4. The Lord’s Prayer was originally recited by Jesus (Yeshua) in Aramaic, one of a few languages that Jesus spoke.  There are many different translations of “The Lord’s Prayer,” from the original Aramaic.  The Lord’s Prayer that most modern Christians recite is actually a version edited and re-written by England’s King Henry VIII, which is why it (and the King James Bible, edited by England’s King James) sounds so much like English poetry from the 16th century.  Read some Shakespeare and then read some passages of an Old King James version of the Bible and you will notice the similarities.
  5. The standard practice for punishing a woman who had committed adultery or who became pregnant outside of wedlock, was to take her to her father’s door, bury her up to her neck, and then have the men of the town throw rocks at her head until she was dead.  Jesus stopped the men from killing the alleged biblical adulterous woman, daring them to cast the first stone if they too were not guilty of some offense; by so doing, he was stopping this common and accepted practice of death by stoning.  Many scholars believe that Jesus was applying the rules of adultery to men.  Up until that time, only women were charged with committing adultery.  Men had customarily been allowed concubines, particularly if their wives were barren or had passed childbearing age.  Jesus (Yeshua) surely understood the implications of sanctioning the act of stoning women to death.  After all, his stepfather Yosef (Joseph) disobeyed the Mosaic practice of stoning when he learned that the woman, Mary, to whom he was betrothed, was “with child,” a child that Yosef/Joseph was certain he did not sire.
  6. Yeshua ben Yosef (Jesus) was sentenced to death by crucifixion, Rome’s standard death penalty for slaves convicted of crimes.  The charges against Jesus (Yeshua) were HERESY (going against church teachings) and SEDITION (which is plotting to overthrow the government).  Yeshua (Jesus) was first tried, convicted, and sentenced to death for HERESY by Jewish Church authorities before he was turned over to Pontius Pilate, the Procurator of Judaea from roughly 26 – 36 CE, for further prosecution by the Roman state.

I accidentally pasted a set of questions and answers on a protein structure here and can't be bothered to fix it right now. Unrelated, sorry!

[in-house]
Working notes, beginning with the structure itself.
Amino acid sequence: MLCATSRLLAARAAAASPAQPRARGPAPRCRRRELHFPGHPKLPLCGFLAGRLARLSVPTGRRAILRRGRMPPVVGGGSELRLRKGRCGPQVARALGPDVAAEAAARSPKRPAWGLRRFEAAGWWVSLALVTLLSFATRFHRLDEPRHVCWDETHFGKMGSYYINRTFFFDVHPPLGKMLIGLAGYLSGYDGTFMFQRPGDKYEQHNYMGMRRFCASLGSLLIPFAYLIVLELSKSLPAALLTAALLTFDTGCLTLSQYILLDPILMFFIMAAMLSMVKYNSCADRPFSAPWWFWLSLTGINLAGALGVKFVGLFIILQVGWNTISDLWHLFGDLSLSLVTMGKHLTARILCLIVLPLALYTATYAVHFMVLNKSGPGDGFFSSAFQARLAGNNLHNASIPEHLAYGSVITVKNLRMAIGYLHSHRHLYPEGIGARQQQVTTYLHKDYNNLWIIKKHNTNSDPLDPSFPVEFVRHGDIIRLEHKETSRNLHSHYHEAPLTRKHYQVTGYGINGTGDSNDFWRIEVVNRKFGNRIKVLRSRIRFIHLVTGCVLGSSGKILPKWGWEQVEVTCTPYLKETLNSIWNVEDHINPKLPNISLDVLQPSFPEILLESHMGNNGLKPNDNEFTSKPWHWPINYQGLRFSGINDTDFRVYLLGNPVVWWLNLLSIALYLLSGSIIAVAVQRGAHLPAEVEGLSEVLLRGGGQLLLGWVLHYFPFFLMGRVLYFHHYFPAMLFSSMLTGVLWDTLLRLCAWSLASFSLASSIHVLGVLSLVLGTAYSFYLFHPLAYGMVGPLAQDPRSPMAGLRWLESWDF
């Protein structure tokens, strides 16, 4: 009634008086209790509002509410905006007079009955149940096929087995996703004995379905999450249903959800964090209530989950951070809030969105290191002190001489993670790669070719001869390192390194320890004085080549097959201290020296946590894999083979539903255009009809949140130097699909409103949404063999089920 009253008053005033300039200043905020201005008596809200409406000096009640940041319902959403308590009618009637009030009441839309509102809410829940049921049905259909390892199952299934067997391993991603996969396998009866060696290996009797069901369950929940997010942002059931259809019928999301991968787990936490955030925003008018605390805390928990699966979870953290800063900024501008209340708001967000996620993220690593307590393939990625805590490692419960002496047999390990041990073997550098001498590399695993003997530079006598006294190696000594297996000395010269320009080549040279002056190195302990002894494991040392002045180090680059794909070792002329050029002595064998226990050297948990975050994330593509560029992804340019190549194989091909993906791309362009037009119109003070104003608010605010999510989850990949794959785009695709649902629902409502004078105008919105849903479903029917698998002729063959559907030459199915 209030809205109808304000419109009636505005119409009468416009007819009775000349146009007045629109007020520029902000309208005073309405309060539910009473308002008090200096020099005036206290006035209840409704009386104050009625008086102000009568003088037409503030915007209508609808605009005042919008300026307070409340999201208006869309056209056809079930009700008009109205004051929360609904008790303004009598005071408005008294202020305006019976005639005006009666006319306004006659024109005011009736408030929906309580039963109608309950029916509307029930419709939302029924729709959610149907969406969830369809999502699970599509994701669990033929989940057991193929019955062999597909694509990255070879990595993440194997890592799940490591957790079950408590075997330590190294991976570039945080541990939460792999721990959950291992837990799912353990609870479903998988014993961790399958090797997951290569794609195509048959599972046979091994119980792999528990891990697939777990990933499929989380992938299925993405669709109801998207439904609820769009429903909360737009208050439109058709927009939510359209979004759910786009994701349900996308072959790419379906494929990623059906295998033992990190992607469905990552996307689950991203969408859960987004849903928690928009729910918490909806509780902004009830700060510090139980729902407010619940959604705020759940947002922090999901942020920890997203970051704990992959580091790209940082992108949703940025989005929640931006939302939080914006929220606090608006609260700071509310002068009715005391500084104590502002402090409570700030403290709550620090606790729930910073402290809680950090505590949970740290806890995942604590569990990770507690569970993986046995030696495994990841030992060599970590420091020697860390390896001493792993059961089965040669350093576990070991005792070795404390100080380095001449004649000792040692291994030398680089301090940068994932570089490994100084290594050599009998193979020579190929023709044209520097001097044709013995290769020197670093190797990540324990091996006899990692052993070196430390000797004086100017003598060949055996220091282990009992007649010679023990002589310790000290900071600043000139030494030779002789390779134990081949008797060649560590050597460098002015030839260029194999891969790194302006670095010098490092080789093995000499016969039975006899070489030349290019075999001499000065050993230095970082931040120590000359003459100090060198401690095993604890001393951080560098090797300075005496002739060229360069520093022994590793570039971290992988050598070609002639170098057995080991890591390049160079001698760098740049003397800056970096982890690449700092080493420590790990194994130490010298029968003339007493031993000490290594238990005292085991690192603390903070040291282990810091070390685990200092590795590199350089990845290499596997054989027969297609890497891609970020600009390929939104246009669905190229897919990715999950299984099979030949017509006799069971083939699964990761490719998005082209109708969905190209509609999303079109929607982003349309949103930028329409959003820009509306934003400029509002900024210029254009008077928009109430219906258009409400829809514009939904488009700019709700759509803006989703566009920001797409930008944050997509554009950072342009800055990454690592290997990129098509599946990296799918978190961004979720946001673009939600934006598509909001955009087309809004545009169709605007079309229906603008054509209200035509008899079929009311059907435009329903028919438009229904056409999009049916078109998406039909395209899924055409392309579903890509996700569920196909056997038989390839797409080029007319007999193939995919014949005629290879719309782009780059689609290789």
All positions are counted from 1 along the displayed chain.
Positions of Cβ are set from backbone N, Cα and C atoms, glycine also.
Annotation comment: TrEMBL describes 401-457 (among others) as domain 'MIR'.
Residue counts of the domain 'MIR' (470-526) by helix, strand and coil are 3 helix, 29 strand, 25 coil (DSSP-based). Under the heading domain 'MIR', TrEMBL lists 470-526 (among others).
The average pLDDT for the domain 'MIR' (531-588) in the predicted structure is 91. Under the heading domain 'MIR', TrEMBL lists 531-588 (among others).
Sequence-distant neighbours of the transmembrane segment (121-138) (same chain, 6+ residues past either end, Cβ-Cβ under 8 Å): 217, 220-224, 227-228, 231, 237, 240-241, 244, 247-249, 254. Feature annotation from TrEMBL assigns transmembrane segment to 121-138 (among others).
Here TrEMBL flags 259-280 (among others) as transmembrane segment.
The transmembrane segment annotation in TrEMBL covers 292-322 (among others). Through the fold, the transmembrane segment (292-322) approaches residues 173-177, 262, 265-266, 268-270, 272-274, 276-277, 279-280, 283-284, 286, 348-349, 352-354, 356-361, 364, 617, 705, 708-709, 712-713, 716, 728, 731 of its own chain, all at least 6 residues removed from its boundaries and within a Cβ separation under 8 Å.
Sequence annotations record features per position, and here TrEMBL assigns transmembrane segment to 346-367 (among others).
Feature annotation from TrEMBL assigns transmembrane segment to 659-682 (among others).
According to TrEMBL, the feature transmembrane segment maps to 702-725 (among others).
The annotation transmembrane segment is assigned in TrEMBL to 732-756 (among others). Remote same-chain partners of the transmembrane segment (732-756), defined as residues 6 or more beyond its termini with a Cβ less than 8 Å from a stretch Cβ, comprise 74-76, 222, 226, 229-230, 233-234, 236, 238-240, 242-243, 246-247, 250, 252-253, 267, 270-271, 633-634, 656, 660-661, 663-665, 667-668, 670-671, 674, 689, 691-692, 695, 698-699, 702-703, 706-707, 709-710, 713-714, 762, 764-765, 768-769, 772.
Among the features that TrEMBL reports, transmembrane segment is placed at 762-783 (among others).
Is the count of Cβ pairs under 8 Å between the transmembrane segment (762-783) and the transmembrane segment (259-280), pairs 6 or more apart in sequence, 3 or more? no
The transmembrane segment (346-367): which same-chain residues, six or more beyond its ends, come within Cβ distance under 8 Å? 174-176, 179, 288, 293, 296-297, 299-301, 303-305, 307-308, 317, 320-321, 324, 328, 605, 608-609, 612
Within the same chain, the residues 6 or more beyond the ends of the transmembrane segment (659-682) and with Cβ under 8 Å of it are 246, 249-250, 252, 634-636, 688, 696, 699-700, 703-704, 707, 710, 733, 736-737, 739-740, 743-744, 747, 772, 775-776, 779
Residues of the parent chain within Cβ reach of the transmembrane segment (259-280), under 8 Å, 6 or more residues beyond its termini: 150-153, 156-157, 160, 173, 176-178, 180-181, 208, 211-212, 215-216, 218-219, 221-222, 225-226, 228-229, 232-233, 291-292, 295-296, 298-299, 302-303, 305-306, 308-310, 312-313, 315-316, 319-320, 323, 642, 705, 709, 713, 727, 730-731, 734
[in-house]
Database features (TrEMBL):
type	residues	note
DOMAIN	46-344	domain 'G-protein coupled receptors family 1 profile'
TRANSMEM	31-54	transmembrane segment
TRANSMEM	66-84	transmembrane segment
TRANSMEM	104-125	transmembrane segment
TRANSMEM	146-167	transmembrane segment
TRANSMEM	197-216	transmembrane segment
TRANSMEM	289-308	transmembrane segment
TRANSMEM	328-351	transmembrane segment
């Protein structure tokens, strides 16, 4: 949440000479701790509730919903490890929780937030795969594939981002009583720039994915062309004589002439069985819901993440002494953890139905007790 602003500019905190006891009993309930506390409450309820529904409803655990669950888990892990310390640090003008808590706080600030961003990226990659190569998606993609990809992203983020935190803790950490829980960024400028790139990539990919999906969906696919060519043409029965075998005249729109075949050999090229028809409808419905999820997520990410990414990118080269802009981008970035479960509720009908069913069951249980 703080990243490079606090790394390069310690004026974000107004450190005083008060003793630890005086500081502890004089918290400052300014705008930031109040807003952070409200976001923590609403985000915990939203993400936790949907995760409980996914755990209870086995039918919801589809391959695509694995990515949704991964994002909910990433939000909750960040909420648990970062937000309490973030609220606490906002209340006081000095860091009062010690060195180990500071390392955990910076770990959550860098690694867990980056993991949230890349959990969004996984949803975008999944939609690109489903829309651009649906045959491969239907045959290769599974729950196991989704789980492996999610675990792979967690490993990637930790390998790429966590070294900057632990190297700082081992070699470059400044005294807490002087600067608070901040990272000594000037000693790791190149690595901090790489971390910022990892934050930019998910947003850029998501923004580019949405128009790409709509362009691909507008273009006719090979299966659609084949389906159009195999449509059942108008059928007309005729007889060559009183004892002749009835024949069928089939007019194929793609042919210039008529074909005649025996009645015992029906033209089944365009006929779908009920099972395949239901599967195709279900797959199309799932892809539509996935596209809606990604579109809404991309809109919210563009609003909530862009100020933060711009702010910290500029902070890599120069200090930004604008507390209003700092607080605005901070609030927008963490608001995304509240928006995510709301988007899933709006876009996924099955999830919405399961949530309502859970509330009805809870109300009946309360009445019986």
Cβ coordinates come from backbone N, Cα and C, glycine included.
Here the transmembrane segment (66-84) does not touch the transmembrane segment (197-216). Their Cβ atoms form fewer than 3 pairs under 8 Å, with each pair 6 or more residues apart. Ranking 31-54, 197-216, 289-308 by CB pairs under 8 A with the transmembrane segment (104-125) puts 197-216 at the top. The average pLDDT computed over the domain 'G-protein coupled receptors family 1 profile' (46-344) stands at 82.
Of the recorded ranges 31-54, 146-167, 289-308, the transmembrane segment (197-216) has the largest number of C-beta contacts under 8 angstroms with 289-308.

While the Internet can certainly help you read more about this information and other related topics, the information included here can be found in the Dictionary of Roman Religion, see Lesley and Roy A. Adkins article “Jesus of Nazareth.”; another good source of information is a book called Jesus by A. N. Wilson (London: Sinclair-Stevenson, 1992).

Copyright © 2012 by Leslye Joy Allen. All Rights Reserved.

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Creative Commons License This Blog was written by Leslye Joy Allen and is protected by U. S. Copyright Law and licensed under a Creative Commons Attribution-NonCommercial-NoDerivs 3.0 Unported License.  Any partial or total reference to this blog, or any total or partial excerpt of this blog must contain a direct reference to this hyperlink: http://leslyejoyallen.com with Leslye Joy Allen clearly stated as the author.